1. Conduct in-depth research into the product and how it works.
  2. Educate yourself on the technology the product claims to use.
  3. Ask an unbiased expert for his/her opinion.

If we all made good purchasing decisions, the snake oil will dry up. You will need to do more work, but in the end it will save you.

Beware of People Who Do Everything

Part one in a three-part series about the information security industry money grab.

Introduction

NOTE: I covered some of these issues in my book; Unsecurity: Information Security Is Failing. Breaches Are Epidemic. How Can We Fix This Broken Industry?

In this series, I’ll focus on three types of money grabbers:

  1. Those who will do anything and everything for your money,
  2. Those who sell snake oil, and
  3. Those who will sell you something regardless of its effects on your security.

Sometimes the money grabbers grab your money intentionally, but rarely do they do it with malicious intent.

There’s no doubt that the money grab is alive and well in the information security industry. We’re in the midst of the Cybersecurity gold rush, and there are thousands of companies fighting for their piece of your pie.

Cybersecurity gold rush

First, a quick comparison between the famous California gold rush and our cybersecurity gold rush.

The California gold rush looked like this: $10 million in 1849, $41 million in 1850, $75 million in 1851, and $81 million in 1852 (peak). After 1852, the rush gradually declined until 1857, then leveled to about $45 million per year.

The cybersecurity gold rush looks like this: $3.5 billion in 2004, $114 billion in 2018, $124 billion in 2019, and $170 billion by 2022. We haven’t exactly leveled off yet, but that day will come.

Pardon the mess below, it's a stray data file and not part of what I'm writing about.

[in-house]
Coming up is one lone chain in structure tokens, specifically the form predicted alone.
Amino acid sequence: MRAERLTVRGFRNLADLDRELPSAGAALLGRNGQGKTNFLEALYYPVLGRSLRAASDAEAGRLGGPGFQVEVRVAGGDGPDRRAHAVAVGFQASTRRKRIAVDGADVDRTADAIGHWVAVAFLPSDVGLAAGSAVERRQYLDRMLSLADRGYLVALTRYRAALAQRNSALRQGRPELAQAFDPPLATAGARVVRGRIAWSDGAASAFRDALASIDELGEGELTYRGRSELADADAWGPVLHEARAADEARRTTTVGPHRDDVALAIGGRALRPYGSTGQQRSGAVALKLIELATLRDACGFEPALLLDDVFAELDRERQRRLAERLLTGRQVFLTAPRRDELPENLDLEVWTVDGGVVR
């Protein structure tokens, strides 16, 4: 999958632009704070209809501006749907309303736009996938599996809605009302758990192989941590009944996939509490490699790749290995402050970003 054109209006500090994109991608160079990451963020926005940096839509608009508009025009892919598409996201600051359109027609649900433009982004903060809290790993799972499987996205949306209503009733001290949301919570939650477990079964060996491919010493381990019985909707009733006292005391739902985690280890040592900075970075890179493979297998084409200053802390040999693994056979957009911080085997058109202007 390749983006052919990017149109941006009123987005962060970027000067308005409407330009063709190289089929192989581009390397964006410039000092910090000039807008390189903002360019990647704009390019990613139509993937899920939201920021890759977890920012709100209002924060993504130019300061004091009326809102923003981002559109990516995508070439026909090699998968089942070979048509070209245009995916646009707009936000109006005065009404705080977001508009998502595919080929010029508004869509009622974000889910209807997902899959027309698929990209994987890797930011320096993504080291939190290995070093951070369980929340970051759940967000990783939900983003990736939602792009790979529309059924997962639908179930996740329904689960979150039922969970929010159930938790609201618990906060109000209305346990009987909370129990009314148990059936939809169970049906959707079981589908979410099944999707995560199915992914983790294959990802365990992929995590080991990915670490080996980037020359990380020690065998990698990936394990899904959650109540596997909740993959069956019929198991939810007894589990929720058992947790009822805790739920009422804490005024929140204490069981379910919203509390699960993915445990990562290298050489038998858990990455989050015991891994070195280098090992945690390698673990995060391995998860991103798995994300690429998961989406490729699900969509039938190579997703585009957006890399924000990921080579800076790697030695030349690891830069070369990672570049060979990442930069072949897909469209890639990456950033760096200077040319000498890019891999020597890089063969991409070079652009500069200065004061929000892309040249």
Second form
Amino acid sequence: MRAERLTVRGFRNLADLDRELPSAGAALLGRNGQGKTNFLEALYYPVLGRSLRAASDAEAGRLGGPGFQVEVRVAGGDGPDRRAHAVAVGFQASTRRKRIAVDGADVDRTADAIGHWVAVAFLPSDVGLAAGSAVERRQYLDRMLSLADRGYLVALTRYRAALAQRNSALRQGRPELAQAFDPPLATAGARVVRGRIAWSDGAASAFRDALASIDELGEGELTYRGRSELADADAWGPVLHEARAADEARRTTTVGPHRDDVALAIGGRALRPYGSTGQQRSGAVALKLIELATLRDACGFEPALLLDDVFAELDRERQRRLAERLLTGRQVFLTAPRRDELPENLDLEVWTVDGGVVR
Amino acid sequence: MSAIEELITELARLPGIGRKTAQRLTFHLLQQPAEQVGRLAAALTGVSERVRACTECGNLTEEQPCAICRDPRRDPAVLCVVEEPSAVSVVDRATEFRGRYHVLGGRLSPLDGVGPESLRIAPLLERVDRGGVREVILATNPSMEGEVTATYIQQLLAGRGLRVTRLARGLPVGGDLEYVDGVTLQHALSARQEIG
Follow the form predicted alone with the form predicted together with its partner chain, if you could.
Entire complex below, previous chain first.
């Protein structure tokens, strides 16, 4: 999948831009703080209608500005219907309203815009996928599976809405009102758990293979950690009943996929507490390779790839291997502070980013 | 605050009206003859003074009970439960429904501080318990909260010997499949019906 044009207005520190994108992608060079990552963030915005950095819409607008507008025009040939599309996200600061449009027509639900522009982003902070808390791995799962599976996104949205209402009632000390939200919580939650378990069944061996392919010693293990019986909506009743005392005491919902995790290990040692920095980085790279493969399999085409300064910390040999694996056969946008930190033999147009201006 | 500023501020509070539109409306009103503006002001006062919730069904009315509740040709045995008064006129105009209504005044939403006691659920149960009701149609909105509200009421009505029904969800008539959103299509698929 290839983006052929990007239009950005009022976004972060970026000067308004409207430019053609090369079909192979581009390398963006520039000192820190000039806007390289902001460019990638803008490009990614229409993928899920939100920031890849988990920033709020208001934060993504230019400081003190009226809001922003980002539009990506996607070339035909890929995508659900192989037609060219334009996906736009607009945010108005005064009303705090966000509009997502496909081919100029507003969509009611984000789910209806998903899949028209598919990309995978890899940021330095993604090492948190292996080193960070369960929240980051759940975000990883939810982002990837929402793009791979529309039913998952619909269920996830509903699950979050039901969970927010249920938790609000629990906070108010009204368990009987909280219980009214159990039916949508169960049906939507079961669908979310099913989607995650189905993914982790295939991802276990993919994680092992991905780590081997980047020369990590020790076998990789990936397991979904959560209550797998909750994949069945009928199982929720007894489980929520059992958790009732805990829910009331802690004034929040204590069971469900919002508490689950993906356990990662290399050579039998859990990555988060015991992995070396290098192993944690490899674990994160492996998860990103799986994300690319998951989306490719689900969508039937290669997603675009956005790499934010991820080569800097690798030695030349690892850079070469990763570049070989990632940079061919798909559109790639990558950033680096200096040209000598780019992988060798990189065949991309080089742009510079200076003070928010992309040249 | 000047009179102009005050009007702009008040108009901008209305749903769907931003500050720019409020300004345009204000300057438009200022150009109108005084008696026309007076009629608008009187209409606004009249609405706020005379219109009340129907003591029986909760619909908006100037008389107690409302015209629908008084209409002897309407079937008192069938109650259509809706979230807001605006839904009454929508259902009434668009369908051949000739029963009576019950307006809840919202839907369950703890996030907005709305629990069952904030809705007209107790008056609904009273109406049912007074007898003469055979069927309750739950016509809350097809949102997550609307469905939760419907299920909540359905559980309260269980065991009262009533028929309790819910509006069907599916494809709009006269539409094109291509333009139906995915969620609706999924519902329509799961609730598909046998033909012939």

The truth about the cybersecurity gold rush; if you’re not one who’s making money, you’re probably one who’s spending it.

Spending well or not

Ask yourself these questions:

  • How confident am I that I’m spending my information security dollars wisely?
  • Am I getting the most value out of every dollar I spend?
  • Where do I get answers?

If you seek answers from a money grabber, you’re in for a rude awakening. Maybe not immediately, but soon. Money grabbers are biased, they’ll give you answers with a bias to sell you something.

So, how can you tell a money grabber from a trusted source of good information? It starts with understanding who the players are in our industry.

The Players

There are four players (or roles) in our industry; manufacturers, vendors, partners, and practitioners. Each of the players serve a very important role in making our industry function, and one player cannot effectively exist without the others. Don’t fall into the trap of thinking that one player is any better than another, they’re all critical.

Let’s break them down.

Security Manufacturers

Security manufacturers provide innovative hardware and/or software designed to solve real-world information security problems. They are critical to the information security industry because they make the tools we all use to secure ourselves.

Security manufacturers have three responsibilities to our industry:

  1. Understand the problem they’re trying to solve enough to make an effective hardware and/or software solution.
  2. Make an effective hardware and/or software solution that solves a problem.
  3. Sell the hardware and/or software solution to people in order to make money.

The manufacturer obviously needs to make money in order to satisfy investors and stakeholders. They’ll also need the capital to make more products. Stop the cycle and the manufacturer dies.

All fine and dandy.